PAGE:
So you’re holding this hand of cards up so that everyone else at the table can see them so that you can give each other clues about both the number and color on the card.  The point of the game is to blindly play cards from your backwards hand, although cards can only be played if they are a 1 or they are the next consecutive number for their given color (i.e. you can play a White 3 if the White 2 is the highest played White card on the table).  You are also only able to play a 1 if the color has not yet been played on the table, this is important because there are duplicates of most cards.

 

hanabi-components

 

The deck itself functions as a timer for the game and it clocks in at roughly 15 minutes.  The pacing is excellent and it does not feel too long or too short for the weight of the decisions involved.  The difficulty of the game arises through the limited scope and quantity of clues the group may exchange.  Small clock tokens form resource and represent clues you may give to other players.  Clues consist of pointing at one or more cards in another player’s hand, and telling them that all of the cards are the same number (and what that number is) or the same color (and what that color is).  You can regain clue tokens by discarding cards, in which case the card will never re-enter the game.  The only other niggle is that you are allowed two incorrect card plays, the third meaning you all lose.

Hanabi sounds interesting, it’s perfectly paced, and it allows you to get in a cooperative game as a filler; so what’s the problem?  The problem is that no one is actually playing Hanabi.  If I was unaware of the meaning behind this game’s name, I would likely come to the conclusion that Hanabi is an ancient Chinese word for dirty cheater.  Nearly every group I have played this with gives out extra hints and clues beyond what the rules allow.  You want the Drunken Japanese Headbandz Cheat Guide for Dummies?

-Wince noticeably and sigh when a player slowly selects a card from their hand to play or discard (“Ugh, not that one!”)

-Ask the player what he knows about his cards before giving a clue (“So you know those three cards you are holding cock-eyed are red, right?”)

-Repeat clues already given to players if they look like they’ve forgotten them (“Hmm, Jeremy you do know those two cards at opposite sides of your hand are the same color don’t you?  Ben told you five minutes ago, remember?”)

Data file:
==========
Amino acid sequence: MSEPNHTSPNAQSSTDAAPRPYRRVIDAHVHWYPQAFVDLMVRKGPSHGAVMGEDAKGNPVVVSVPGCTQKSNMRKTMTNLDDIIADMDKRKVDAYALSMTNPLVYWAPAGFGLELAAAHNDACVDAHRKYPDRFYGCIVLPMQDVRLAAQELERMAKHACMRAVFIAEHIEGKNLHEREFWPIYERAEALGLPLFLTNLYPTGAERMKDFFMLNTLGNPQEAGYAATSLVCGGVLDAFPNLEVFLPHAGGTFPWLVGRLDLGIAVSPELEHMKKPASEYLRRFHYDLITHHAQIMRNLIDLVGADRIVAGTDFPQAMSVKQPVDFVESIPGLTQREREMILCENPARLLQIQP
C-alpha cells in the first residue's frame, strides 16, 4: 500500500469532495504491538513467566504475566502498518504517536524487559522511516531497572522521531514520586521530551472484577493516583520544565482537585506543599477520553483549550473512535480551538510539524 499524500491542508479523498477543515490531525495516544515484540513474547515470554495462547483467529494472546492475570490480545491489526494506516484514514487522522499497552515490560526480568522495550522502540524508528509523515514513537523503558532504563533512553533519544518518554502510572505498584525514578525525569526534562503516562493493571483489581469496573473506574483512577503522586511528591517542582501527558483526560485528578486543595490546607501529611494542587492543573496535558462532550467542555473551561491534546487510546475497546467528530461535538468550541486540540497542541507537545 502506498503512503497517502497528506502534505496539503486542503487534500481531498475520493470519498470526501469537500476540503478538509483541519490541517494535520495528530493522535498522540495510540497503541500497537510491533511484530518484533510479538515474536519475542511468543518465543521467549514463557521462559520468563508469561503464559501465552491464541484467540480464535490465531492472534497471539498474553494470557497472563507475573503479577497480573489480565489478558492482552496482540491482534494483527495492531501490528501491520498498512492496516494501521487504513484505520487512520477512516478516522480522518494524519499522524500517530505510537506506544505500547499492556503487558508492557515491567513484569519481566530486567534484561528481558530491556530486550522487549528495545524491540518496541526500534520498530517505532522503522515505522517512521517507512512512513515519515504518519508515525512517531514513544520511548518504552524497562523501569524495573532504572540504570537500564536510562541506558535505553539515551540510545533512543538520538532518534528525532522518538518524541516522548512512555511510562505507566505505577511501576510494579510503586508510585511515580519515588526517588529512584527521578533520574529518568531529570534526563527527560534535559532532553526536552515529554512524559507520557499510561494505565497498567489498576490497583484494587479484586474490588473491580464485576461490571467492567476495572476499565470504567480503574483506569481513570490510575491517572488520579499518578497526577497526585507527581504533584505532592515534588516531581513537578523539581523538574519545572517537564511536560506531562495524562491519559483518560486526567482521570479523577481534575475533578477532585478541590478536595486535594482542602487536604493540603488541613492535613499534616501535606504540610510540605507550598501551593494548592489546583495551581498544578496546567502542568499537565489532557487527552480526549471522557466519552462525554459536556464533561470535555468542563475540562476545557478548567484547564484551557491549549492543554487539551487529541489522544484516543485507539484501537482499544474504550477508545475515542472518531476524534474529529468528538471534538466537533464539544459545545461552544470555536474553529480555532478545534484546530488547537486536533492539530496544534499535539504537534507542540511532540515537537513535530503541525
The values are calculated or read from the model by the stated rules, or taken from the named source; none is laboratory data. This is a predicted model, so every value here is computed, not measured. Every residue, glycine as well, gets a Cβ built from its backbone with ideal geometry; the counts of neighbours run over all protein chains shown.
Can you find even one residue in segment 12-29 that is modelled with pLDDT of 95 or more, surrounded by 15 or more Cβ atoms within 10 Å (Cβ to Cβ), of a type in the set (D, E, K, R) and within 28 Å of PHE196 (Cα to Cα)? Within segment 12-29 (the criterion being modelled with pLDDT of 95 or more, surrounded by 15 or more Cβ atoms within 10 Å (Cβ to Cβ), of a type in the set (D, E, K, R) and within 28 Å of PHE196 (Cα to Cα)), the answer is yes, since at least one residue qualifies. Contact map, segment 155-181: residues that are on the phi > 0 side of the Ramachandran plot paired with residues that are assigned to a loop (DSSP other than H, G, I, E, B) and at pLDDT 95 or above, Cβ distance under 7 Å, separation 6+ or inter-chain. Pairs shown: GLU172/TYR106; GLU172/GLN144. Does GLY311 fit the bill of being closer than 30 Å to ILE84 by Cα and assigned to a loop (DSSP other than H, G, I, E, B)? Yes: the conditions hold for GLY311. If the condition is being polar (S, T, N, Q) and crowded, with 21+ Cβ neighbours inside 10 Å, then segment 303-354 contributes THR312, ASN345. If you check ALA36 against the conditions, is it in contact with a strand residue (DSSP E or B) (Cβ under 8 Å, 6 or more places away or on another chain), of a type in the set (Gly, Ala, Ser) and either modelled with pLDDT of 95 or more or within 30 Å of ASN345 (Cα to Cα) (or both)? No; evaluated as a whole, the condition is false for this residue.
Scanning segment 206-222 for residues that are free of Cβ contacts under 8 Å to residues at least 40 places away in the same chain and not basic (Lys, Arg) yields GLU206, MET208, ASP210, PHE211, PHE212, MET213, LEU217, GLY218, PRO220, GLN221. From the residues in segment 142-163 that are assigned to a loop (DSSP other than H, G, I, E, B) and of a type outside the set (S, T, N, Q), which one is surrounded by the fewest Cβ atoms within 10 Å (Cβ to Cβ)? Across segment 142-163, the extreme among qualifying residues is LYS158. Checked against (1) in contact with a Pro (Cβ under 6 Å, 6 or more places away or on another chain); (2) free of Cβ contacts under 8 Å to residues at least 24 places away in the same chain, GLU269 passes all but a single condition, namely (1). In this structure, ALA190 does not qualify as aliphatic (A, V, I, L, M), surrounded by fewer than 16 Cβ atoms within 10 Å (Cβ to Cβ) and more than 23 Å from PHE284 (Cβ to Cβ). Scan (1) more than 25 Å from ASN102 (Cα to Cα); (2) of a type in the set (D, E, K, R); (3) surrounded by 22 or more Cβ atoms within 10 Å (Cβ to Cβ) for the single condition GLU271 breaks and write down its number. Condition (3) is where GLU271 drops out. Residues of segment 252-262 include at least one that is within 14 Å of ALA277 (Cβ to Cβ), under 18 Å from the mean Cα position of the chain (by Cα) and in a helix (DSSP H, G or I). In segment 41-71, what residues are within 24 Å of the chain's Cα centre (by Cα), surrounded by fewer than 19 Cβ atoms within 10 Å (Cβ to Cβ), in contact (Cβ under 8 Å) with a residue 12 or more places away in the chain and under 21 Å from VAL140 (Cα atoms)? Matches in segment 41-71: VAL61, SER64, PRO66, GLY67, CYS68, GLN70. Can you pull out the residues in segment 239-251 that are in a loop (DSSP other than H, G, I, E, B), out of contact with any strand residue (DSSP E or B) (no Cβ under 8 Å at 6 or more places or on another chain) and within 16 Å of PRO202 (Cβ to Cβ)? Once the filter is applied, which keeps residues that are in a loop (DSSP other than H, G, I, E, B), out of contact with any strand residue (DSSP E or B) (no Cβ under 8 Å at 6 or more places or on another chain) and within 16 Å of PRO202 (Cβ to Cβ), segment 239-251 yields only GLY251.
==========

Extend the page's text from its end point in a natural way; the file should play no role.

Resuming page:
Many people cheat accidentally as the game requires a great deal of discipline to keep a blank face.  Worse yet, the game is less fun (although much more strategic) if you play strictly by the rules and only give clues as outlined.  The rules do offer the option to be loose with clues in the variants section but it clearly breaks down the structure of the game and makes it more of an activity (oh no, the dreaded “A” word) rather than a game of sorts.

 

pic1769961_md

The beautiful deluxe edition is quite impressive.

 

I can ultimately live with the cheating.  What is more aggravating is the fact that game does not stand up to repeated plays with the same group of people.  You will start to give clues and place cards in ways that form a pattern of sorts, a shared understanding between team members.  The game pushes you towards this learned behavior as the metagame and ability to score in high increments practically requires it.  Because of this the game loses its charm after several plays with your group and that spark begins to fade a bit.  The game still remains fun, but you find yourselves scoring higher and higher due to assumptions and shared understandings rather than actual meaningful clues.  It feels like this is baked into the game on purpose and I find it grating as it mars the reputation of an otherwise clever and concise card game.

Hanabi is absolutely worth playing a few times.  The mechanics are borderline ingenious and the package is streamlined in a way that will make even Love Letter envious.  I imagine we will be seeing an evolution of this mechanic from other designers in the future, improvements based on Bauza’s exceptional spark of creativity.  I do however caution – don’t get too attached to this one as it will burn and then fizzle out almost instantaneously akin to its explosive brethren dotting the sky.

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Starlit Citadel Reviews Mage Wars

Mage Wars

What would it be like for Mages of vastly different schools and philosophies of magic to come together in an arena and fight to the death? How would an Illusionist battle a Druid? Or a Warlock fight a Beastmaster? Or a Priestess fare against a Wizard?

Mage Wars pits powerful Mages against each other in deadly arena combat. Each Mage uses his own fully-customizable book of spells to achieve total victory over his opponent. Summon mighty creatures to do battle in your name; cast powerful spells to attack your foe and thwart his every plan and strategy; use hidden enchantments to turn the tables and rule the day; adorn yourself with mighty weapons, armor, and arcane artifacts – all of this and more awaits you in the arena of Mage Wars!

Mage Wars is a tactical board game, a combination of a card game and miniatures game, combining the best elements from each genre. The game is played on an arena game board divided into square areas called “zones”, which regulate movement and the placement of objects. Each Mage (player) starts in a corner of the arena, opposite his enemy.